Whether one picks up a book or catalogue containing any wide variety of plants, they are listed under their Botanic or Latin names. This may be dispiriting or tedious for some, but not for those who, from love or experience of plants realise and accept that only by the use of such names —internationally known and accepted, could they possibly make sense. The question as to why such names have to be used is often asked by some who find them difficult, and as a preface I will attempt a brief answer.
Plants, no matter what they are, have to carry a first and second name at least, to simplify, identification and reference. The first name indicates the genus, and the second the species. Take Campanula as an easy example. This comes from the Latin for ‘Bell’, and indeed the common name is Bellflower. But there are in nature hundreds of species of Bellflowers or Campanulas, as well as varieties or cultivars which have been raised by human agency as hybrids or crosses between the species. It would be much more confusing to use English or colloqual to describe them, for Campanula lactiflora would then become the ‘milky-flowered Bellflower’—plus the name of the variety. C. glomerata nana lilacina, would need the ‘flowered dwarf clustered Bell-flower’ to describe it—and these are only simple examples. Others would be quite impossible to anglicise.
All names have an explanation or meaning, though the origin of some generic or surnames are lost in antiquity. Some are Greek, others Latin or Latinised versions of a Common name. There is no need to delve deeply into origins, but many specific names give a clue to description. Those ending in ‘oides’ mean that it has resemblance to some other plant, such as ‘primuloides’. Others give the colour—’aureum’ for gold, ‘album’ for white, ‘roseum’ pink, ‘rubrum’ red and so on. ‘Latifolia’ means it has a broad, ‘macrantha’ a large flower in Greek, though ‘grandi-flora’ is the same thing in Latin. Where a name ends in ii or iana it is a personal tribute to some-person just as a surname like Rudbeck or Stokes are Latinised as generic names in Rudbeckia and Stokesia as a means of giving a name to a plant which had no higher claims.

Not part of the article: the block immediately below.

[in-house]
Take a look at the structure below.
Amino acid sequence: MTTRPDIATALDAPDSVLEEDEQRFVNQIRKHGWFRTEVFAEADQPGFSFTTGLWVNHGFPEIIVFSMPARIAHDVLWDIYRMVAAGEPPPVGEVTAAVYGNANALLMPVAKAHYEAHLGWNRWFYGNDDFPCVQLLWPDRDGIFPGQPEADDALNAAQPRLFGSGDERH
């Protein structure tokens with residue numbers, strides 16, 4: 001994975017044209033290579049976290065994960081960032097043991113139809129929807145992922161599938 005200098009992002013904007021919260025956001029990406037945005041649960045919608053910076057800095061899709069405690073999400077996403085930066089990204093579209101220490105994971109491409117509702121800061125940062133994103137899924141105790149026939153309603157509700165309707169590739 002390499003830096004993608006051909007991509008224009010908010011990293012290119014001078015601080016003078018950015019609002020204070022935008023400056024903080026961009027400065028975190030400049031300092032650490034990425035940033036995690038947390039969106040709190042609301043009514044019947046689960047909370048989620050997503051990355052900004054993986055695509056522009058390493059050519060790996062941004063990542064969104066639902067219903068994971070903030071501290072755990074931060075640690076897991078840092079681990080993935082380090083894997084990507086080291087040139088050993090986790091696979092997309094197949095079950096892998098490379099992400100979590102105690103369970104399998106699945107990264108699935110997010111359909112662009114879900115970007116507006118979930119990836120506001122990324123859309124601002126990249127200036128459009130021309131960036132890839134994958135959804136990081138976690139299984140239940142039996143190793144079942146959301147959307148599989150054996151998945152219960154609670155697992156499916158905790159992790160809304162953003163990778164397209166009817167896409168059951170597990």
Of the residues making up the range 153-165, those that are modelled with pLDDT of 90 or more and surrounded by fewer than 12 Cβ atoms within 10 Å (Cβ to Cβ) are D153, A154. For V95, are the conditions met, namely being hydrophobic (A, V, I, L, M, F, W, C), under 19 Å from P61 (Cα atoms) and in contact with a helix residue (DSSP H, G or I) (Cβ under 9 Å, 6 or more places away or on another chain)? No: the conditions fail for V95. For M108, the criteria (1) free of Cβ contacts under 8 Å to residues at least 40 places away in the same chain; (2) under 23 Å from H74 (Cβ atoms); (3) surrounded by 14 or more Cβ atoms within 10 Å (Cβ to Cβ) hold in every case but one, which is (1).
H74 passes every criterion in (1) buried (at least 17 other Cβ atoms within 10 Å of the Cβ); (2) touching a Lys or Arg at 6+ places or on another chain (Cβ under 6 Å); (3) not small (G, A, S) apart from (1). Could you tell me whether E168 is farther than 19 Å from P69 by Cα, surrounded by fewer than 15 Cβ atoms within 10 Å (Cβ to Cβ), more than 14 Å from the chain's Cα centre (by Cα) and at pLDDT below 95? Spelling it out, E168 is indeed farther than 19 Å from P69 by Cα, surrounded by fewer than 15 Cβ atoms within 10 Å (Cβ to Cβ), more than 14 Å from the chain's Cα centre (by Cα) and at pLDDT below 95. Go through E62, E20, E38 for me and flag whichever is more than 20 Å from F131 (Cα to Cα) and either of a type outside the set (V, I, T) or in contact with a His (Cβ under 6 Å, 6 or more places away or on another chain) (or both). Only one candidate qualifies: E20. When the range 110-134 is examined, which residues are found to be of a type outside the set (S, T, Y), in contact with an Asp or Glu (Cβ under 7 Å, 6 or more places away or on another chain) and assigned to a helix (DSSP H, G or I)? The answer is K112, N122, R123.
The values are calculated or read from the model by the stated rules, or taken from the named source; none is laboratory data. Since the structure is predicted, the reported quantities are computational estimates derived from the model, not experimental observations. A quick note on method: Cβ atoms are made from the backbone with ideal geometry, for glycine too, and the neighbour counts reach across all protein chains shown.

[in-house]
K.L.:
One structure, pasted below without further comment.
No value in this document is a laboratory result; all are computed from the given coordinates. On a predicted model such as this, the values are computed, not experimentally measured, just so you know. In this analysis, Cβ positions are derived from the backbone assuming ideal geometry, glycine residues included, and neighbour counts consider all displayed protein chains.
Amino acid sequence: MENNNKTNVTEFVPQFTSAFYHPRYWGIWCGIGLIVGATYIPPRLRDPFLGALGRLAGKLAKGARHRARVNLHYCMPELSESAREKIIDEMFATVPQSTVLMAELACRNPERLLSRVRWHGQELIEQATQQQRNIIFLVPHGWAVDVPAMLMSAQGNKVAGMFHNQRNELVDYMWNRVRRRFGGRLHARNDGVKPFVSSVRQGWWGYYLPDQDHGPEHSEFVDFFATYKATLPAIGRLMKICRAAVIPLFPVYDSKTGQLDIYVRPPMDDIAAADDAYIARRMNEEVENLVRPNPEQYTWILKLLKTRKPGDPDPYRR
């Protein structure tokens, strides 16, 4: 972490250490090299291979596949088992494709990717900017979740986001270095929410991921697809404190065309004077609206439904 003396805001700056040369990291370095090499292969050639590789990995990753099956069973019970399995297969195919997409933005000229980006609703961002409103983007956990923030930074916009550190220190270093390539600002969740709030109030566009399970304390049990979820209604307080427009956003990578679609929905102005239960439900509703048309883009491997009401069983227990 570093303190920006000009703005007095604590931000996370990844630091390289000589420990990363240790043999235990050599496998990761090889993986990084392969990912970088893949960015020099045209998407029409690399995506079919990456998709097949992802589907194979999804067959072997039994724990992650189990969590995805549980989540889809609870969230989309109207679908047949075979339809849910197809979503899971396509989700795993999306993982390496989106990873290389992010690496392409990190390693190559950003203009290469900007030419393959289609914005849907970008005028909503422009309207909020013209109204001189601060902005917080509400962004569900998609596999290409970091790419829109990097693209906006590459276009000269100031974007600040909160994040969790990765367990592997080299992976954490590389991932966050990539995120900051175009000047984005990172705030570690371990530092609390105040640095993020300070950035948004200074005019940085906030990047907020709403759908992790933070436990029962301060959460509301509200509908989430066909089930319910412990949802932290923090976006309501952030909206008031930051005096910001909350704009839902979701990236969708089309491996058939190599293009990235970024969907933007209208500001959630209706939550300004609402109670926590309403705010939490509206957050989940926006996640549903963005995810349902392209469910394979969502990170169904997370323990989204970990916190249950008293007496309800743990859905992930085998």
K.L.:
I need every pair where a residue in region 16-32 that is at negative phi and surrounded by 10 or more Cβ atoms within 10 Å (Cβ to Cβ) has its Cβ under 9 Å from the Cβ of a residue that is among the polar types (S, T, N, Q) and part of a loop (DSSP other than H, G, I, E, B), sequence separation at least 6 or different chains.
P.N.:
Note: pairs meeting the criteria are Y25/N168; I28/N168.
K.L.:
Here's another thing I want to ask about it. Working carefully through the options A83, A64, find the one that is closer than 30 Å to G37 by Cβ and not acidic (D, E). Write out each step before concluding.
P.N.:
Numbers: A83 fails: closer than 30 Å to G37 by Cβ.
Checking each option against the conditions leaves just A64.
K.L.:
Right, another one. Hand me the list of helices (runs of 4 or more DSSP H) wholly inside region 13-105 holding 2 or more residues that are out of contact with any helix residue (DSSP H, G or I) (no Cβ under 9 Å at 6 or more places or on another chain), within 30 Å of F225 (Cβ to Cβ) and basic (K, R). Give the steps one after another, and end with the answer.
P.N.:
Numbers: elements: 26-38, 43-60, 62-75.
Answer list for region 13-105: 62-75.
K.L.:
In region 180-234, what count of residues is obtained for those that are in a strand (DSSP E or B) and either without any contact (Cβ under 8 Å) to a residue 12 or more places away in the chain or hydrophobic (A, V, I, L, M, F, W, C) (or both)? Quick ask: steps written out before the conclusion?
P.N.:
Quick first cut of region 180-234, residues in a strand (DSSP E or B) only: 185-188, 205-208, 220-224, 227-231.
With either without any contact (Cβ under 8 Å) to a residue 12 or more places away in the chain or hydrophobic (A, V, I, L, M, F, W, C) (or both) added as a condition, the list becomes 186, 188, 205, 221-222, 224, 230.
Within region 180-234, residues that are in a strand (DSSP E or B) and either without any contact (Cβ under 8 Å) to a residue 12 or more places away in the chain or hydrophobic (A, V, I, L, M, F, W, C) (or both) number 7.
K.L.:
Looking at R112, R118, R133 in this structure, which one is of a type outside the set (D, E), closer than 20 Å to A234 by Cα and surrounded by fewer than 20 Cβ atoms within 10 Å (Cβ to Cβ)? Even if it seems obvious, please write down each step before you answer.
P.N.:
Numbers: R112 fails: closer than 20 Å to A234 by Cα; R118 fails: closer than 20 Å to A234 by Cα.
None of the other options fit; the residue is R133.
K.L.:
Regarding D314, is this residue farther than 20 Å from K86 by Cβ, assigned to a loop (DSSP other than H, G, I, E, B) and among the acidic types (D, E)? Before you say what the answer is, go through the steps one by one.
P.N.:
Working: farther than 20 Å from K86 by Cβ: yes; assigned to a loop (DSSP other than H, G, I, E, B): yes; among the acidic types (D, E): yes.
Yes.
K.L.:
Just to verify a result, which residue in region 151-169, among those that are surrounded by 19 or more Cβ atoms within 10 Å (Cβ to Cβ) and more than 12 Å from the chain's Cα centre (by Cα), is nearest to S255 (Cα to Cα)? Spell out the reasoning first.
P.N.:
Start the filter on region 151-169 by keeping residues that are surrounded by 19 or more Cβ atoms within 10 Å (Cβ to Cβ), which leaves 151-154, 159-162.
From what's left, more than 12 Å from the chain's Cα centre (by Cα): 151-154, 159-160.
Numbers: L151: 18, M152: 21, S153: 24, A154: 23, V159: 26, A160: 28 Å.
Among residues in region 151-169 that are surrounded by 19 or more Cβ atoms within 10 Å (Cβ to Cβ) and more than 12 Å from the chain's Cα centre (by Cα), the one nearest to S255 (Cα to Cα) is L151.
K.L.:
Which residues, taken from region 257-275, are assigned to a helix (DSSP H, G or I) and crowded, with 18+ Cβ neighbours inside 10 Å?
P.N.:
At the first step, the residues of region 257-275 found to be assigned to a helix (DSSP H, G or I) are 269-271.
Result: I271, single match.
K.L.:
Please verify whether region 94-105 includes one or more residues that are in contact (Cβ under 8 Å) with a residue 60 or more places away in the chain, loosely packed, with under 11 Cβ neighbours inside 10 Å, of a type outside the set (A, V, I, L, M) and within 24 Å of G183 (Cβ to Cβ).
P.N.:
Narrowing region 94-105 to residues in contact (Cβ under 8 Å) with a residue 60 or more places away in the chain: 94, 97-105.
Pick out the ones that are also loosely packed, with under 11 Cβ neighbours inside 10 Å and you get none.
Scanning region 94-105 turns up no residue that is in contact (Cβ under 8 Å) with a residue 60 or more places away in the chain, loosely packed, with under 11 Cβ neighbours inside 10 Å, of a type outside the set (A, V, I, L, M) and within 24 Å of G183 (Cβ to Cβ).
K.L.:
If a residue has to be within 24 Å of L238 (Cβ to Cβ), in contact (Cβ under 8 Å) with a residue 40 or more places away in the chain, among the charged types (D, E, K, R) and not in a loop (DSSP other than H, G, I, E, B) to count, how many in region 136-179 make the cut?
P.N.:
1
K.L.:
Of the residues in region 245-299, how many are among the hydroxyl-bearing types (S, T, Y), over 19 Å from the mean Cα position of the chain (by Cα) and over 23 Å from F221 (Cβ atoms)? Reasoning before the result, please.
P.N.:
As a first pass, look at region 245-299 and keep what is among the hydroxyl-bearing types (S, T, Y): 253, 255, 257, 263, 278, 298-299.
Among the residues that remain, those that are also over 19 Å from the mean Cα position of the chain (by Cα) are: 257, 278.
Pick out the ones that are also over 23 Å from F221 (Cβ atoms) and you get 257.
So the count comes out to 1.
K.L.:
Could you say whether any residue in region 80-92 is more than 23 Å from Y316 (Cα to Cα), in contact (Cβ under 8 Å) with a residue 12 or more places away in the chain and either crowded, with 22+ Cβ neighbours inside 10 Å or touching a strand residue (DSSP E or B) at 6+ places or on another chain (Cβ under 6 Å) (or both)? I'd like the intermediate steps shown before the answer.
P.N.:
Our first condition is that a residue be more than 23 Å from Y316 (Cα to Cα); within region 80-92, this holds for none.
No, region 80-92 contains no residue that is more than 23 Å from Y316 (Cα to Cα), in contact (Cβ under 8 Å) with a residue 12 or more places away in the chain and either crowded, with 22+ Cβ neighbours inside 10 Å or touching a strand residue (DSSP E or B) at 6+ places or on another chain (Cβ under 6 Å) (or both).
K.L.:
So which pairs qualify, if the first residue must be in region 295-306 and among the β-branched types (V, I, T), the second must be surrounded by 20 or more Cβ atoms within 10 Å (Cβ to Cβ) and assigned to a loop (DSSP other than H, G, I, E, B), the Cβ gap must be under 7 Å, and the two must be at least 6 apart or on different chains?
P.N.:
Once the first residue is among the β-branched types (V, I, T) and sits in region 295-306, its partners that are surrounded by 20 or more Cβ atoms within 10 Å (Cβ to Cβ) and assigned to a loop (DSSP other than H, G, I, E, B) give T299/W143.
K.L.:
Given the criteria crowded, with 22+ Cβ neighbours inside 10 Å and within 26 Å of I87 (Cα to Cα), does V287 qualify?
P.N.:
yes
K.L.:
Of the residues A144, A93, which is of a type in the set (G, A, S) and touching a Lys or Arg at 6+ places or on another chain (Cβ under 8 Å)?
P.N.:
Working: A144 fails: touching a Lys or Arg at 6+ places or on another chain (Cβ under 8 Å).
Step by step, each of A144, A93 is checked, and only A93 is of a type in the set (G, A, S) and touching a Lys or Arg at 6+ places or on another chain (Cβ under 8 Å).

Very many specific names give the place of origin—whether a country like Japan—japonica and canadensis, or an ancient State-like macedonica or tyrolensis, whilst others simply state that it grows wild in mountains montana, alpina or in woods sylvatica or in a damp place iacus-tris, palustris or uliginosa .
Once you get the hang of names, they can surprisingly enough become a source of interest in themselves. You can pick and choose, as it were, without bothering about those that have baffling connotations and derivations unless you wish. It is all a matter of not being afraid of them, of realising their importance and that most of them have purposeful meanings. No one uses any other name than, Nasturtium or , and there are many other examples of Botanic names being accepted by everyone without a second thought. This shows how even difficult names develop in the mind and become accepted as commonplace in themselves simply through common usage.
Plants For Special Purposes
|PLANTS FOR GROUND COVER||PLANTS FOR MOISTURE AND WATERSIDE||PLANTS FOR DRY SHADE||PLANTS FOR FLORAL ARRANGEMENT|
|Alchemilla mollis||Aruncus Sylvester||Acanthus spinosus||Acanthus in variety|
|Bergenia in variety||Astrantia in variety||Alchemilla mollis||in variety|
|Chiysogonum virginianum||Astilbe in variety||Anaphalis in variety||Agapanthus in variety|
|Epimedium in variety||Caltha in variety||Brunnera macrophylla||Alchemilla mollis|
|Lamium in variety||Gentiana asclepiadea||Campanula muralis||Anaphalis in variety|
|mussinii||Filipendula in variety||Epimedium in variety||Ligtu hybrids|
|Prunella in variety||sibirica in variety||Euphorbia some varieties||Astrantia in variety|
|Pulmonaria in variety||Iris kaempferi||Geranium in variety||caerulea|
|Stachys lanata||Lythrum in variety||Hylomecon japonicum||maximum in variety|
|Symphytum rubrum||Monarda in variety||Iris foetidissima||Crocosmia masonorum|
|Vinca in variety||Polygonum in variety||Lamium in variety||in variety|
|Avena Candida||Rodgersia in variety||Liriope||Doronicum in variety|
|Festua glauca||in variety||Omphalodes in variety||in variety|
|Trollius in variety||Pachysandra terminalis||Echinops ritro|
|Polygonatum in variety||Eryngium in variety|
|Polygonum affine in variety||in variety|
|Pulmonaria in variety||Gypsophila in variety|
|Stachys lanata||in variety|
|Tiarella in variety||Hosta in variety|
|Vinca in variety||in variety|
|Macleaya in variety|
|Polygonum bistorta superbum|
|Rodgersia in variety|
Above: Colour contrasts can be made with both foliage andwith Hosta sieboldiana elegans behind Stachys macrantha.